I believe that birth is a metaphor for life: difficult, but glorious. It starts with pregnancy 9 months prior. The changes are so impercievible that it almost feels as though life is actually stagnant. But soon enough, those subtle changes grow to notable ones: big belly, swollen feet, and aching back. All of this leads to labor, which is aptly named. Unlike pregnancy’s subtle changes, labor contractions are much more noticable, to say the least. They come sweeping in like winds of change, picking up speed, and growing into an uncontrolable storm. The woman gathers together her team, partner, mother, best friend, and other support persons. They pile into the vehicle and make the ritualistic trip to meet their doctor or midwife.
My job, as a labor and delivery nurse, is to serve as an anchor: to keep everybody safe and not let them lose their grounding. Very often, a laboring mother gets so caught up in the process that she forgets what it is all for. “I promise you,” I say, “you will deliver a baby after all of this.” Sooner or later, women hit a point I call the moment of need: when she does not think she can go on. “I can’t do this!” I can’t help but laugh under my breath. “Do you know how many women have told me that? You can do this. You must do this. And we are all here to help.” After months of waiting, hours–or sometimes day–of struggle, the culminating moment is as simple and strange as life itself: a breath.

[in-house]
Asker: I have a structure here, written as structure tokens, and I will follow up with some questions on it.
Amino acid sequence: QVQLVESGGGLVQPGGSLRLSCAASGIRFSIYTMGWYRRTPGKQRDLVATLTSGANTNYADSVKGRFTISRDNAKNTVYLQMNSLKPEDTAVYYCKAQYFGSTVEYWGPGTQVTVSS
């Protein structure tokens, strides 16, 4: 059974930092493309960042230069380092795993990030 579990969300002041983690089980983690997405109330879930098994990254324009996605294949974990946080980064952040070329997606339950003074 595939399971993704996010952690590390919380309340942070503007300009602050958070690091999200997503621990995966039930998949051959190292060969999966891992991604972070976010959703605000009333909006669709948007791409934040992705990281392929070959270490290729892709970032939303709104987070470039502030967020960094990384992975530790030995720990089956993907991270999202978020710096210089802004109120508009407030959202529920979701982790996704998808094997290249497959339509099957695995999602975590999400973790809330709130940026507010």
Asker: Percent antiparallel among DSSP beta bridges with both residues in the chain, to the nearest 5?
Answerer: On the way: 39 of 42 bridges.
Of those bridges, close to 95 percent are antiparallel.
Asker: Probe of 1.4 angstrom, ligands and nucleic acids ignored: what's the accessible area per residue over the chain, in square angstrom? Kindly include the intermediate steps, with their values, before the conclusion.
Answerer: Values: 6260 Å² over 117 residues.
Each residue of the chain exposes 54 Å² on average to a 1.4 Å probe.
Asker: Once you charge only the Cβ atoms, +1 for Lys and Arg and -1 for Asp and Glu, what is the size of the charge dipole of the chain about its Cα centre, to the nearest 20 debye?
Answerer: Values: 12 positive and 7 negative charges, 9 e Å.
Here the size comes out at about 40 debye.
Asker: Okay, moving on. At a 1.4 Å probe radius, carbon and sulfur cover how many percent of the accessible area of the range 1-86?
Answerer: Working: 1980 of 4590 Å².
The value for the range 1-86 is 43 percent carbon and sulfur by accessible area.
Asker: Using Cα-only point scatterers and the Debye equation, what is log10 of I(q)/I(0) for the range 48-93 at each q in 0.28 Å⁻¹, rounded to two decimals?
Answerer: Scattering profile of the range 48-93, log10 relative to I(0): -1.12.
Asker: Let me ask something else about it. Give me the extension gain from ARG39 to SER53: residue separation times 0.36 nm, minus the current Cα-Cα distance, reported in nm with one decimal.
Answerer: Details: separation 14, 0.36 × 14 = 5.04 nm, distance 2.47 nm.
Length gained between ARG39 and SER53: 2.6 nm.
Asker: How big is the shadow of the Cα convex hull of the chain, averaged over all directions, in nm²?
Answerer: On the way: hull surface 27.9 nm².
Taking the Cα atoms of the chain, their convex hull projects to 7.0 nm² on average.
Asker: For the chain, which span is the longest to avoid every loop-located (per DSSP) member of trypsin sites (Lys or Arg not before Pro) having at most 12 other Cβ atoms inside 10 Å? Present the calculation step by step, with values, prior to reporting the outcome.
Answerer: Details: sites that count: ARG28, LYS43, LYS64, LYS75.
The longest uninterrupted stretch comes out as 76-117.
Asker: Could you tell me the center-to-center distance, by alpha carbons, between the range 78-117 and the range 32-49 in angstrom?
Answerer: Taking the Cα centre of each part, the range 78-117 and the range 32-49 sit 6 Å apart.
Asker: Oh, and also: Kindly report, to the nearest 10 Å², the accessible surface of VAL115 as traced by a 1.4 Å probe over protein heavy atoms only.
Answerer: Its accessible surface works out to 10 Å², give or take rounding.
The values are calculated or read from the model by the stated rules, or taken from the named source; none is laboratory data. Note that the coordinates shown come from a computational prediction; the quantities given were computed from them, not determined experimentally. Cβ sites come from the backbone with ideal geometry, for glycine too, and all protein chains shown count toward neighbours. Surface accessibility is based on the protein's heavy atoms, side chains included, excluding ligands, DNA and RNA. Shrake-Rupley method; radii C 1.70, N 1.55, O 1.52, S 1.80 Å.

A child breathes. New life begins.
Here are 3 truths about childbirth:
1. It hurts. Whether it is a natural childbirth, with an epidural, or via Cesearean section: it is going to be uncomfortable. However, I beleive pain, when managed appropriately, is a good thing. It tells us where we need to ease off, move on, or push through. It directs us to where we need to be. This is what makes birth difficult.
2. It requires support. The number 1 predictor for a healthy childbirth outcome is consistent support. We need each other.
3. It’s worth it. I believe it is the things that we work the hardest for that are the most rewarding. This is what makes birth glorious.
Have you ever observed a child in the first hour of life? Their promise seems to melt all of life’s questions.